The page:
© 2023 Texas Public Radio
Real. Reliable. Texas Public Radio.
Play Live Radio
Next Up:
0:00 0:00
Available On Air Stations

With A Day Of The Dead Altar, Laredo Activists Remember Those Hurt By Trump’s Border Policies

Laredo activists against President Donald Trump’s border wall created a Day of the Dead altar to highlight those hurt by his border and immigration policies.

“That’s the pan de muertos, sugar skulls and all kinds of goodies that we want our ancestors to enjoy,” said Mary Sue Galindo, a member of the No Border Wall Coalition in Laredo. “And Juan over there is burning some copal incense to bless our altar and make it a little sacred space.”

Alongside the typical items of the Mexican tradition used to remember and celebrate those who have died, Galindo and others put up pictures of the Rio Grande and items symbolizing the wildlife and human lives connected to it.

“This is a picture of the river by my house and a poem that I wrote probably a year and a half ago. It was shortly after the president declared his fake national emergency,” said Elsa Hull, who lives by the river near San Ygnacio where Trump has been pushing for a border wall. “And then I made a canoe because that’s one of my favorite things to do is paddle down the river and of course the wall will cut us off from that.”

In 2019, Trump declared a national emergency to fund more wall projects along the U.S.-Mexico border.

Hull and other activists have been fighting against Trump’s wall projects in court, and she’s hopeful the election this week will prevent a border wall in the Laredo area. But she also wanted to remember the communities that have already faced construction.

“And then this is a little rock that we painted with the saguaro to represent the devastation that is going on in Arizona, specifically with the Tohono Oʼodham tribe and their native lands being torn up and blown up,” she said.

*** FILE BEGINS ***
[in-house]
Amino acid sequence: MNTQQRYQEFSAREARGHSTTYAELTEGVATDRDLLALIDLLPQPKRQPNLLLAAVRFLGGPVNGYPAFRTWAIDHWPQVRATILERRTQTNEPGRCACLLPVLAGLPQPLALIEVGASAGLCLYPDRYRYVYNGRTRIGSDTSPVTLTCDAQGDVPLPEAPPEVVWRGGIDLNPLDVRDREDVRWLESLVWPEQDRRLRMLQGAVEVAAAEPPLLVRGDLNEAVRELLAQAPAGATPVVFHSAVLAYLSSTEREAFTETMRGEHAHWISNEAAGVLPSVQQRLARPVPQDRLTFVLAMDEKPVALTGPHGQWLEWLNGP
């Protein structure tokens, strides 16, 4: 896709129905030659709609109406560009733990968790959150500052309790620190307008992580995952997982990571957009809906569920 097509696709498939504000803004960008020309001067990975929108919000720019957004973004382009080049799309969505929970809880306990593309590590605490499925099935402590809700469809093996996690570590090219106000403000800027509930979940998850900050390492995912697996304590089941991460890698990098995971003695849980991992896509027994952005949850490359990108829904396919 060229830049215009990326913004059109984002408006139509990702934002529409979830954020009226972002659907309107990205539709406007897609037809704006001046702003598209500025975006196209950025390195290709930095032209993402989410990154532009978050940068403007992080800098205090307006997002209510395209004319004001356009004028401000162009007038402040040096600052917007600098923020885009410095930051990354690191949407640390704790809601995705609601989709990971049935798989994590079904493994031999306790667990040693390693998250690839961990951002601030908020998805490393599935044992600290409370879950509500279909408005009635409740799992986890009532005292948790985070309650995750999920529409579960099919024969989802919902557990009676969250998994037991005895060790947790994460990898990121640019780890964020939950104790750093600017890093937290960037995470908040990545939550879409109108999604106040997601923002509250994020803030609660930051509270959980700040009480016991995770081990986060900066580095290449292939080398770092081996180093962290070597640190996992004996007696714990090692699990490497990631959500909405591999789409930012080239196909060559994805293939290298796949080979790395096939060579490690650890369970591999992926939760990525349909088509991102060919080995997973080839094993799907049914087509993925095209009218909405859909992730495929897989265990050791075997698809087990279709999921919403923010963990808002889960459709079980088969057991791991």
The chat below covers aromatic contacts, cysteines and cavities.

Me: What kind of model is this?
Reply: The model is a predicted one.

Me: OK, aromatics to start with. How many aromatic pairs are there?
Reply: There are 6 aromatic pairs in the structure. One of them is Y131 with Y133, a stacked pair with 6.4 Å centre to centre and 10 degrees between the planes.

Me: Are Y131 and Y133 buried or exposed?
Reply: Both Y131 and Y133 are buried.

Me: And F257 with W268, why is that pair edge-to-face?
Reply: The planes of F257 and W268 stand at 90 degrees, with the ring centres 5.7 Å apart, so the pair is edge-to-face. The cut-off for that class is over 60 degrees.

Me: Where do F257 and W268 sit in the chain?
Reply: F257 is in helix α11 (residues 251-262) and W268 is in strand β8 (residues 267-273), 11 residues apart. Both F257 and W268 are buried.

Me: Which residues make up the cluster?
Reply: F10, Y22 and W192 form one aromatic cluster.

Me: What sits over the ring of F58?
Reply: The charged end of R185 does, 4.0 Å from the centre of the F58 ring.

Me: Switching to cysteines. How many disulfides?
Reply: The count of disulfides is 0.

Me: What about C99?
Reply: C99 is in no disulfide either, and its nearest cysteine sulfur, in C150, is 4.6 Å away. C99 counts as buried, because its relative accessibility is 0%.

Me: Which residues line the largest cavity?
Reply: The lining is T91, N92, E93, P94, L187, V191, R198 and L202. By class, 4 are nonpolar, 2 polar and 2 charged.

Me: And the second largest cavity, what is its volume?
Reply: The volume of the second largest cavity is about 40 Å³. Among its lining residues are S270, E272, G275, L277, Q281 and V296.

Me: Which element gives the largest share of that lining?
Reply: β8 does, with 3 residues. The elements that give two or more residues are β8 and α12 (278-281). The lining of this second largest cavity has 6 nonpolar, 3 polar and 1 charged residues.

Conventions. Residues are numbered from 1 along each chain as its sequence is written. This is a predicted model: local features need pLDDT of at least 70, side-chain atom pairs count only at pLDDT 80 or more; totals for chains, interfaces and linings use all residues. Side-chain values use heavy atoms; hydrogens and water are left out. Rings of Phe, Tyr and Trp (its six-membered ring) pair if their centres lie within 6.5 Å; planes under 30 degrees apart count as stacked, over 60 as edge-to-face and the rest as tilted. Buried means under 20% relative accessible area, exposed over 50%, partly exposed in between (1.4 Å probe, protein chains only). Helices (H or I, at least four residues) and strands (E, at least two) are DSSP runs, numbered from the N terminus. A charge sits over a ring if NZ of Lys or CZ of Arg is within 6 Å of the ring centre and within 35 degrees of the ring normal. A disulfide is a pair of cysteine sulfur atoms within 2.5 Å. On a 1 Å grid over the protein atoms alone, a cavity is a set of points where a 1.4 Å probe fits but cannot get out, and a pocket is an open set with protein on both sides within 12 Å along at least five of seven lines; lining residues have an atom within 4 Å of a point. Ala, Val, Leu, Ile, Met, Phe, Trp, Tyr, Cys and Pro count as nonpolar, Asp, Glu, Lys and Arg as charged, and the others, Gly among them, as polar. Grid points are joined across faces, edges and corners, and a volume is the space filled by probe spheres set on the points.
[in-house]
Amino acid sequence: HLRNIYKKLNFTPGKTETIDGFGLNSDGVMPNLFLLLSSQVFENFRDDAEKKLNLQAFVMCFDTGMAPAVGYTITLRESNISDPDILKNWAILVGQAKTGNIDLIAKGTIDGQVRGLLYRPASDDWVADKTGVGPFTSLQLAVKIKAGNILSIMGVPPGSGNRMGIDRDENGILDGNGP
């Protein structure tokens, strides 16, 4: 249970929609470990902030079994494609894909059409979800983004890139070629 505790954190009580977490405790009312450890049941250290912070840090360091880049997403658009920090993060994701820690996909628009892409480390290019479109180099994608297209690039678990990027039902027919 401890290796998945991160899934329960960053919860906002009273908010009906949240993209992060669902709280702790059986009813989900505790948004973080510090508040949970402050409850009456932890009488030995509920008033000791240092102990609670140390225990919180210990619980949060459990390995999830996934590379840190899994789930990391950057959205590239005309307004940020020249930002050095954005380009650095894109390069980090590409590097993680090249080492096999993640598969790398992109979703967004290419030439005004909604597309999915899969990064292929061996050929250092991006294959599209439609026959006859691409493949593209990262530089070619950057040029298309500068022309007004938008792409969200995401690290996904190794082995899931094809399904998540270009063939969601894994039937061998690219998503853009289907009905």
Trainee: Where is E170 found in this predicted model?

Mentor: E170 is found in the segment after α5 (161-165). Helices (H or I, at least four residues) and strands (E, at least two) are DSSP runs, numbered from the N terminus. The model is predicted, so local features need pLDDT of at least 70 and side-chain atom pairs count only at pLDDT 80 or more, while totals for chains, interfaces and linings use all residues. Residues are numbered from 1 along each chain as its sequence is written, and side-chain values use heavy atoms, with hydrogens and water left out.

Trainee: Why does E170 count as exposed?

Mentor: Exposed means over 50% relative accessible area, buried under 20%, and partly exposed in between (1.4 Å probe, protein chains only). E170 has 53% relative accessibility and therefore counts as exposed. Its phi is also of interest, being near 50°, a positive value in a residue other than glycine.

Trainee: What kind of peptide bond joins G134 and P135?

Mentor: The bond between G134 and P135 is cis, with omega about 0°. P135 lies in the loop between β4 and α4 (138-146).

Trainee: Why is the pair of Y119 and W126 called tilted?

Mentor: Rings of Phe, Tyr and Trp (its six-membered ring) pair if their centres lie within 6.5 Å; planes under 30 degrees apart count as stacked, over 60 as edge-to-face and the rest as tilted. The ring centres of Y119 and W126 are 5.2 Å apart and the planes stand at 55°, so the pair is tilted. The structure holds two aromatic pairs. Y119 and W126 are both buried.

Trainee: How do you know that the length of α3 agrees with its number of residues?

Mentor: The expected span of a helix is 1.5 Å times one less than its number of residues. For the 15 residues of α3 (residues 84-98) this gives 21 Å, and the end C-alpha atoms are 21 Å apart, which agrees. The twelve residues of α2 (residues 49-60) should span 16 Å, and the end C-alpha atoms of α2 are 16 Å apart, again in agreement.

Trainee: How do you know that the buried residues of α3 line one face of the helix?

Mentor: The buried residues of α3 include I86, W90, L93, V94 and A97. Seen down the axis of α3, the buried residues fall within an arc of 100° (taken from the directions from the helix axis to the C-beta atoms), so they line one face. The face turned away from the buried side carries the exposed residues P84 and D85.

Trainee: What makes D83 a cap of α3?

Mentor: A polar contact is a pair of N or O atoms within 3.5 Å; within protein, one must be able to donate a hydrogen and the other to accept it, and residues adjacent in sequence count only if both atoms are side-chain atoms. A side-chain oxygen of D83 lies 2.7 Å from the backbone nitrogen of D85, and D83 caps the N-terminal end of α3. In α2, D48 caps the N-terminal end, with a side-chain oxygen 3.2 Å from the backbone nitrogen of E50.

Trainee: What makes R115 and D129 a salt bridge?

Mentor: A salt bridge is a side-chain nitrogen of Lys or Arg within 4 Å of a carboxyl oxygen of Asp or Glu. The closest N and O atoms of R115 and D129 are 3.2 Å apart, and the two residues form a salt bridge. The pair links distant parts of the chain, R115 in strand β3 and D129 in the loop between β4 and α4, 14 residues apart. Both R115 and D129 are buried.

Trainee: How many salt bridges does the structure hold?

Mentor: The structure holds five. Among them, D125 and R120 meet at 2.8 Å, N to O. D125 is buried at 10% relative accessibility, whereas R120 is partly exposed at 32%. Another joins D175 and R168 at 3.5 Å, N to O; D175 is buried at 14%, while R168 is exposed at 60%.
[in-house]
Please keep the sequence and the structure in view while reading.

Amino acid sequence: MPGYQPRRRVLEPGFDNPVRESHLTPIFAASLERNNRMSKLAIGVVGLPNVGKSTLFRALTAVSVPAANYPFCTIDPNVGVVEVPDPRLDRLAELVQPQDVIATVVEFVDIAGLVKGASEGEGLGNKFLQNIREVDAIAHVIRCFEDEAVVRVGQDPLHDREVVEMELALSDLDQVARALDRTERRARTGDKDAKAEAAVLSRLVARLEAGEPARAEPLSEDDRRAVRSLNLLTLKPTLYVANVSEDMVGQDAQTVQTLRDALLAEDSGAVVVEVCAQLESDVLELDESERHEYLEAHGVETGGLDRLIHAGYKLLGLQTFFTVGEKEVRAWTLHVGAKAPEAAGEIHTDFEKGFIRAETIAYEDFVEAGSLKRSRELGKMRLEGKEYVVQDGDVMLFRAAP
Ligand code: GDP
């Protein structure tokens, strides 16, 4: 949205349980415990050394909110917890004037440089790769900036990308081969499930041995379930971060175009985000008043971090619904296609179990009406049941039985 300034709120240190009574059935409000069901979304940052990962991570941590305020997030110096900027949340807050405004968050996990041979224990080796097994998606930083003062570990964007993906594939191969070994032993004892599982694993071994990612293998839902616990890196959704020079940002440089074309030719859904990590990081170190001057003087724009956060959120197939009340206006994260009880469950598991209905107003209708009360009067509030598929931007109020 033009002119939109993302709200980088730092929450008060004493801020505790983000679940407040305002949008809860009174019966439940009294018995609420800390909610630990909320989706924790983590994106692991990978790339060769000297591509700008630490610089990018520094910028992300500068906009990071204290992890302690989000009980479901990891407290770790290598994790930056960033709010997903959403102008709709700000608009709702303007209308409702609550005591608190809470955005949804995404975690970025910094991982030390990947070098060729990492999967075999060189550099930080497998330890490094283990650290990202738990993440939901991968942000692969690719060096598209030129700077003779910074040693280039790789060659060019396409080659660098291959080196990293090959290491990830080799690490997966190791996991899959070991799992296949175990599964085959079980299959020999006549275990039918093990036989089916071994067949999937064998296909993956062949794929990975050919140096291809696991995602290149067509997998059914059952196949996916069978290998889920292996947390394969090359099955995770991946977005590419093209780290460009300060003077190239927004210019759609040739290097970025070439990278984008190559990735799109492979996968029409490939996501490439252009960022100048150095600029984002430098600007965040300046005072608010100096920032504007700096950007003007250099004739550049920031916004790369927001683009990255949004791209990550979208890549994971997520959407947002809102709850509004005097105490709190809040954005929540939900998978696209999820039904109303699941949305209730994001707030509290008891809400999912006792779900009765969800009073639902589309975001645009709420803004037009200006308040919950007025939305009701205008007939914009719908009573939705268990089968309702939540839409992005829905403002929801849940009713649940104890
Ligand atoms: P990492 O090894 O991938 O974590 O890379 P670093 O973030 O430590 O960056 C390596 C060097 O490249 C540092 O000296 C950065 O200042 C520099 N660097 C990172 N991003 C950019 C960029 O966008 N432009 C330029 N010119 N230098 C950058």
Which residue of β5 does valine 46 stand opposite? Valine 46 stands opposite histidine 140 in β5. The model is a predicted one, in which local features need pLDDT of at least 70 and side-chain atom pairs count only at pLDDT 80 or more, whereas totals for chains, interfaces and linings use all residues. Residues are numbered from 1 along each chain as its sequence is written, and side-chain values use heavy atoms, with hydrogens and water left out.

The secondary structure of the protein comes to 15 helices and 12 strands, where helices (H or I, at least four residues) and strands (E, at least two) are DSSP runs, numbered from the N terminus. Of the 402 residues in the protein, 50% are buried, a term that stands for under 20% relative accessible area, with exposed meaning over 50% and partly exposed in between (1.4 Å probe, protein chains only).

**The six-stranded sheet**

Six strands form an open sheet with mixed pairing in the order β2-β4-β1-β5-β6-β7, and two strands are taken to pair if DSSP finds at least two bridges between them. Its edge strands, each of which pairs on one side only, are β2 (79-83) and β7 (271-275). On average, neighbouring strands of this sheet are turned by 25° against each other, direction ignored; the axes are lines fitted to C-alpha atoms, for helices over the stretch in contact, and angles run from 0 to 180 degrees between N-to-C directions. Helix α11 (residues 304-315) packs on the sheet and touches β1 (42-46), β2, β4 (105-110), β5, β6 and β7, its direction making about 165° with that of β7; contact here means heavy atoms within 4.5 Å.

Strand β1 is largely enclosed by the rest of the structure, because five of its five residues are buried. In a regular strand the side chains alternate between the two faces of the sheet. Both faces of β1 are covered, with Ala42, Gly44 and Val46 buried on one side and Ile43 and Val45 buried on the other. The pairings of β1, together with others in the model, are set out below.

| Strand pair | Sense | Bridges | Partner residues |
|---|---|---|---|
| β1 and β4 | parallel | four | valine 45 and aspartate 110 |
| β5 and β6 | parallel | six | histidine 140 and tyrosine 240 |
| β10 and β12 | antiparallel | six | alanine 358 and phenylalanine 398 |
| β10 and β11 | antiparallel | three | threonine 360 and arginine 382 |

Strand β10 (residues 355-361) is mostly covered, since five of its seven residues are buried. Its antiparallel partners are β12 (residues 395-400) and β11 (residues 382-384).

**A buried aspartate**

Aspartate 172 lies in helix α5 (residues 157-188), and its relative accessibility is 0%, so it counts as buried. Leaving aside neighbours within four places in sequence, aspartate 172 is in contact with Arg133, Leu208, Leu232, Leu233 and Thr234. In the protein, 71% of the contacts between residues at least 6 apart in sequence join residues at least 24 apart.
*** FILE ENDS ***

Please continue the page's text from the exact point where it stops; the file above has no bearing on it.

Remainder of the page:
Galindo, whose Mexican family has been in Texas for many generations, brought pictures of 7-year-old Jakelin Caal Maquin and 8-year-old Felipe Gomez Alonzo. Both died of infections while in custody of U.S. Customs and Border Protection in 2019 and 2018, respectively.

“We have here represented the children who are immigrants who died in U.S. custody and these are just two of those innocent,” she said. “We remember these young souls, these little angels.”

She said she also wanted to remember migrant children separated from their parents under Trump’s immigration policies. Melissa Cigarroa, a riverfront landowner who has been fighting to keep border wall construction off her land, echoed that sentiment.

“And hope that we can affect a change, so that no other children have to go through what they went through or what those poor children that have been orphaned have gone through,” she said.

Across from the photos of the children, she placed photos of her grandmothers who crossed the Rio Grande from Mexico in the early 1900s to escape war and poverty.

She became emotional explaining how they too once crossed illegally but were eventually able to become citizens and raise their families in Laredo.

“It’s all a piece,” she said. “It’s the destruction of our river and an attack on our culture and identity, but also the danger to people who are just trying to find a better way of life and to celebrate their families. That is what our community is made of. We are the best representatives of what the American Dream is.”

The altar also featured pictures of the birds like the Kingfisher, whose habitat is on the riverbanks, and signs of laws like the Clean Water Act, which the Trump administration waived to expedite border wall construction.

The Saturday event came within a day of Trump’s proclamation of a “National Day of Remembrance for Americans Killed by Illegal Aliens” during weekend Day of the Dead celebrations.

TPR was founded by and is supported by our community. If you value our commitment to the highest standards of responsible journalism and are able to do so, please consider making your gift of support today.

María Méndez can be reached at maría@tpr.org or on Twitter at @anxious_maria